I think colours have sonic properties, I let them make noise (haha), sing songs, talk that talk. I should point out that contemporary African paintings of the 90s were somewhat colourful, I may have been subconsciously influenced by them.
IDARESIT: I think of the colours in the painting, Imaobong in Ecstacy, and I am, also, prompted to think of an image of the Roman god, Bacchus, at first glance. Is this an influence?
CHUKWUDUBEM: That painting, in particular, was really allegorical. That painting was a reaction to something that happened here [in Winnipeg] – Some weird, awkward racist experience.
It’s a very, very, ironic painting.
Exploring the paradox of “the tears of a clown”.
IDARESIT: Tell me more about your experiences in Canada – Treaty 1 Territory?
CHUKWUDUBEM: I’ve experienced a lot of things in my short time in Canada, and interestingly, my work does reflect my experiences. Most times not on purpose (haha).
I would say my time in Canada is one of the reasons I indulge in the politics of presence and absence in western art history.
IDARESIT: In what ways?
CHUKWUDUBEM: Most of the people I paint are my friends, and they are mostly Black people. When it comes to the historical lexicon of figuration, encountering painting of Black people is a refreshing experience. The other stuff has been overdone for centuries, we’re tired of that shit (laughs).
IDARESIT: Yeah, I definitely agree.
CHUKWUDUBEM: It’s interesting to participate in this renaissance of Black image-makers who are taking control of our narrative; nevertheless, I would say that there is a danger in people perceiving the work of Black artists solely with a lens that stops at identity. Some [people] are not willing to go into the context of the work. Black artists say so many things with their work, and it is unfair for writers and critics to end their analysis at mere identity and representation.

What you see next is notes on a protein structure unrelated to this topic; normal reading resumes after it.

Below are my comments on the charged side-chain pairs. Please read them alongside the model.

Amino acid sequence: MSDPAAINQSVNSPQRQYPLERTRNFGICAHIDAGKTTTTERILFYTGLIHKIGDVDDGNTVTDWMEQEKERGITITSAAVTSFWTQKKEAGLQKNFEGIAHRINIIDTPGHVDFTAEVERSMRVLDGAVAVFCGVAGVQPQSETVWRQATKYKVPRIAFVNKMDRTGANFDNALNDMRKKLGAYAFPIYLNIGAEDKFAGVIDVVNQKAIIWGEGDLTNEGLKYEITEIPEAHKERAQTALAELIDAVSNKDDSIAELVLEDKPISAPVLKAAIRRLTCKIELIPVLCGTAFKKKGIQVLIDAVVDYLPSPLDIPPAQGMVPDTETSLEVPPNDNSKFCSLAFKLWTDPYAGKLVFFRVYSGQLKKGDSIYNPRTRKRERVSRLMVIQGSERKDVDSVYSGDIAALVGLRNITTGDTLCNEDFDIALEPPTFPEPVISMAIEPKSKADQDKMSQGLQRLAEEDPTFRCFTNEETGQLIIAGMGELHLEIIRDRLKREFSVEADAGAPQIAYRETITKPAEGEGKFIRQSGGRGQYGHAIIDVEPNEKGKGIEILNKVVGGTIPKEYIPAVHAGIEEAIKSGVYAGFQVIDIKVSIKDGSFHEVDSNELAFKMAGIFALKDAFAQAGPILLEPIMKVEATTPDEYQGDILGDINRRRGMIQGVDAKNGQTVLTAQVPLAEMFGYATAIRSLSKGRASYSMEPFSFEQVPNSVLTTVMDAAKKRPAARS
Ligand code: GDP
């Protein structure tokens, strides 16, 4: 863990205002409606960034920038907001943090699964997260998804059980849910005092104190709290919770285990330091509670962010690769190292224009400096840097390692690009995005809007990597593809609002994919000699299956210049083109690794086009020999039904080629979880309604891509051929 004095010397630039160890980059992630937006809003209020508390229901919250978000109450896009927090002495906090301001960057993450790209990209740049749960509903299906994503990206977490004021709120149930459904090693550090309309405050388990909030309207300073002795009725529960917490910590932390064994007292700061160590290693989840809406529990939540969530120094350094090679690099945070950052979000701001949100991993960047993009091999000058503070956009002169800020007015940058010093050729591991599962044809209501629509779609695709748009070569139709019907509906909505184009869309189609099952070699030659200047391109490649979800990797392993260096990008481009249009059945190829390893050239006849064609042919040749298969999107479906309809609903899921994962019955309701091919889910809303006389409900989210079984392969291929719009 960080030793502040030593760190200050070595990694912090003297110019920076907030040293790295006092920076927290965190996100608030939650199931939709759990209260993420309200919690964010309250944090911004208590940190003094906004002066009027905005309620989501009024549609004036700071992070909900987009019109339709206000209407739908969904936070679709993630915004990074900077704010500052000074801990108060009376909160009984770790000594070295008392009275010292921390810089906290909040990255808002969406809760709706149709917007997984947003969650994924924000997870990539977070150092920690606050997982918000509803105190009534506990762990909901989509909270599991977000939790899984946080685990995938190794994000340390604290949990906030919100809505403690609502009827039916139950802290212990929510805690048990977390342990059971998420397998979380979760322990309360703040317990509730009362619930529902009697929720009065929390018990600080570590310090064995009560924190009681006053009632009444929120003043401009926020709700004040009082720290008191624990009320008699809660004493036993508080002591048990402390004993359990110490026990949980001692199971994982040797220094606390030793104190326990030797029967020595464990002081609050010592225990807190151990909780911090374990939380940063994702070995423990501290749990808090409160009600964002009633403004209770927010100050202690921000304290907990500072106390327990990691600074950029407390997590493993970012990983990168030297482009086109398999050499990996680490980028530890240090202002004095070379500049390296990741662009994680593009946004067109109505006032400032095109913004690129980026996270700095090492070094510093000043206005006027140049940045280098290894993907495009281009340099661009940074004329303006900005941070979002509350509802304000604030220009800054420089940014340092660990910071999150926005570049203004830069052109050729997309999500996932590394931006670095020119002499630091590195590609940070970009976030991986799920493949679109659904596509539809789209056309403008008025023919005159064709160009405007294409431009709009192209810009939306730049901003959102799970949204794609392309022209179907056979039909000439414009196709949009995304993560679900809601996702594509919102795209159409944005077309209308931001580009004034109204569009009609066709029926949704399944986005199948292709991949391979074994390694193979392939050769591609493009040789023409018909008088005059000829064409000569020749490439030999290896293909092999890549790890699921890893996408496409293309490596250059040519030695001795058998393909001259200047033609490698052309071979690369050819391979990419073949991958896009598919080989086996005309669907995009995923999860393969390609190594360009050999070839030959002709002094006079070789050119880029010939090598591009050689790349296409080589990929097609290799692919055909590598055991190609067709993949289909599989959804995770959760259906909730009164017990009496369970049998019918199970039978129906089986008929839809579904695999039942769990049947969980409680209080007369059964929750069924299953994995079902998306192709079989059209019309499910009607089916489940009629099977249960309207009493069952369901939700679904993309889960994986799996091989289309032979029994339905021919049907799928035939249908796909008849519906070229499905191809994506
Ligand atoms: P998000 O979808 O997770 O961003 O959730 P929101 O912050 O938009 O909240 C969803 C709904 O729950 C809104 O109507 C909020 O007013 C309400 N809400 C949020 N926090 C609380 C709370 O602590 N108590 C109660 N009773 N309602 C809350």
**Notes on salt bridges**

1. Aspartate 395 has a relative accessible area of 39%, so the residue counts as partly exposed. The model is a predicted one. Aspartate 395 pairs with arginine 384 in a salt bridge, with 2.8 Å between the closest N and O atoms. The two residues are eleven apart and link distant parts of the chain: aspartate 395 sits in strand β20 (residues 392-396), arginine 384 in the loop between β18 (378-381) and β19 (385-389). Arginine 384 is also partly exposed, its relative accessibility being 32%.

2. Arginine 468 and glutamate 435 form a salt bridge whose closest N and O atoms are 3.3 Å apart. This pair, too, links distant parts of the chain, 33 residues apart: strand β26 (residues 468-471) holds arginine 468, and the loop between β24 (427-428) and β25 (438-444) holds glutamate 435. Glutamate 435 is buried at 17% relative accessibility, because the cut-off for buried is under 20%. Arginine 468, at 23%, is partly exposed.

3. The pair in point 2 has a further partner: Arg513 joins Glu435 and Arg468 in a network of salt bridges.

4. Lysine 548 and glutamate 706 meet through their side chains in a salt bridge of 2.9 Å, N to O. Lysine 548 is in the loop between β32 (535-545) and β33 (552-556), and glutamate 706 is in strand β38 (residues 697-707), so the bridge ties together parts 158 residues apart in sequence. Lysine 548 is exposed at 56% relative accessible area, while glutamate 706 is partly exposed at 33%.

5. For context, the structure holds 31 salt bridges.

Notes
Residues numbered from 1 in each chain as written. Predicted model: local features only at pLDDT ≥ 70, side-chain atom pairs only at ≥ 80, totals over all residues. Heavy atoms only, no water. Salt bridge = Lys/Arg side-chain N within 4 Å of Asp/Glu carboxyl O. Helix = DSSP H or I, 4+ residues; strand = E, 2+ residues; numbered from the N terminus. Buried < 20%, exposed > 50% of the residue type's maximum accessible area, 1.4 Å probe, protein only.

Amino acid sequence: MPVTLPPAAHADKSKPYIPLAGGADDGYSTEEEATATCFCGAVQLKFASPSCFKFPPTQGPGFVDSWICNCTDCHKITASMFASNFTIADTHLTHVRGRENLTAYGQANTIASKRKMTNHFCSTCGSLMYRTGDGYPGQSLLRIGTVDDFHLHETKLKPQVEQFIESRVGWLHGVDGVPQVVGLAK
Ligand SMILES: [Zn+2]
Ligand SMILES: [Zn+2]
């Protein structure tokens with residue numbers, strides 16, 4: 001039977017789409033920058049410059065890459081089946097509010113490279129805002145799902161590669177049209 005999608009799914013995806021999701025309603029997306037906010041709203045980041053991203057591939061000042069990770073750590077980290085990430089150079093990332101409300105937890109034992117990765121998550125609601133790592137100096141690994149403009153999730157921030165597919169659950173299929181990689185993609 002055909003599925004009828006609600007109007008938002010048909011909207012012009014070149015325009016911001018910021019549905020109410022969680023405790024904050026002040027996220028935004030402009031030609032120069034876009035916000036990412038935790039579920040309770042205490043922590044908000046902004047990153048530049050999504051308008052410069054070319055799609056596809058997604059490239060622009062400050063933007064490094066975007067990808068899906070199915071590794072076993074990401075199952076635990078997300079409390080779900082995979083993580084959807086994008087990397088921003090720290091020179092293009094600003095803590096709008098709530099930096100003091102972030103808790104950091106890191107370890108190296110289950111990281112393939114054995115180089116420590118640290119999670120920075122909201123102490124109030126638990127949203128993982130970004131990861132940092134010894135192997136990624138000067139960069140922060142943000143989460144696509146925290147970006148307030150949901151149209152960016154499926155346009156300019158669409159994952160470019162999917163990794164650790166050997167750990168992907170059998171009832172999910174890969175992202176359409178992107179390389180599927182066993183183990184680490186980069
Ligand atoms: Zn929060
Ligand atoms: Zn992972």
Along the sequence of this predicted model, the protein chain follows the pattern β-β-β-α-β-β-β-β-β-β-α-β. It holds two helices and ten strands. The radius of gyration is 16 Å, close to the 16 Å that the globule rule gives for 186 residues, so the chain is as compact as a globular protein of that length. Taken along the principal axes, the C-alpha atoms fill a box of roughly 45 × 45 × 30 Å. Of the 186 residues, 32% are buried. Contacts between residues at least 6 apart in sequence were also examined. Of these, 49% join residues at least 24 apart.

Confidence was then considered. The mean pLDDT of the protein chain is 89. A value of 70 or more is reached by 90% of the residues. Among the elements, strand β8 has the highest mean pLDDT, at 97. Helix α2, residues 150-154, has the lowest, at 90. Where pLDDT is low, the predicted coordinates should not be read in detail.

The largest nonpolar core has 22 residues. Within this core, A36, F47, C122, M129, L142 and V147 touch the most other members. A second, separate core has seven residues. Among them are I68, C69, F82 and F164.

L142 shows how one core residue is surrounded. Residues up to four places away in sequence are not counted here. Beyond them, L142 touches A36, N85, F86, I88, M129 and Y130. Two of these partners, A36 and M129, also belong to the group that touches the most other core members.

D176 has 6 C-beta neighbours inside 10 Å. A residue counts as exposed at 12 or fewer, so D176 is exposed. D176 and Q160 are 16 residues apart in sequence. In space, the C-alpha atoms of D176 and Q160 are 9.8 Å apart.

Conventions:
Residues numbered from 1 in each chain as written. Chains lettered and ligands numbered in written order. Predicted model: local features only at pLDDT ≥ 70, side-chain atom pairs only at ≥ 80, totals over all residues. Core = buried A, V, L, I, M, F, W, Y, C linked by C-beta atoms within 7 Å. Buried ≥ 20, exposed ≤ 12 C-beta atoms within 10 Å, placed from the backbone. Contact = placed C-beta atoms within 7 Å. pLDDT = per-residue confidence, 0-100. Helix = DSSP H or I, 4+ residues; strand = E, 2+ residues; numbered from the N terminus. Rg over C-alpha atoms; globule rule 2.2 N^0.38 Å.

IDARESIT: I really enjoy looking at the painting, Doing it in Lagos, especially because of its reference to Nigeria. Is the title based on the album?
CHUKWUDUBEM: Actually, the nomenclature of my work is musically influenced. There’s a song by James Brown called, “Doing it to Death”, and a song by theBlack Hippies called, “Doing it in the Streets“. It’s cool you picked that up.
IDARESIT: So, it’s not based on the album?
CHUKWUDUBEM: No. But now I want to check it out …
As you’ve seen, I use [music] as a [grounding idea] of how I want to approach my work in general. It [peeks] through in my new body of work, such as Doing it in Lagos or Port-Harcourtarian Ecclusiastics.
IDARESIT: Those are a lot of Nigerian references. Can you tell me more about how Nigerian culture influences your work?
CHUKWUDUBEM: I think the Nigerian experiment [that’s what I call it], is a place of endless probabilities, due to reasons that are deep-rooted in our history. Looking at the Nigerian crystal ball from the inside and outside are two totally different episodes of the same show. Stepping out of Nigeria readjusts your gaze on the country; one is left to think, “Wow, we are really interesting people.”
I plan to go back and work on projects with this new perspective.
Nigeria is [not only a place] of endless possibilities, but it’s a place that is also rich with culture and diverse thoughts, philosophy, language, metaphysics, arithmetic, and happenings.
It’s just interesting and special.
There’s an endless space for commentary, and I think it’s more interesting than what I can talk about here [Canada].
IDARESIT: What are some of the future projects you have planned?
CHUKWUDUBEM: I really want to keep learning, and informing my practice. I hope to participate in multiple residencies over the next few years. This summer I will be an artist in residence at Salt Spring Island.
Check out more of Chukwudubem’s articles for Toned here.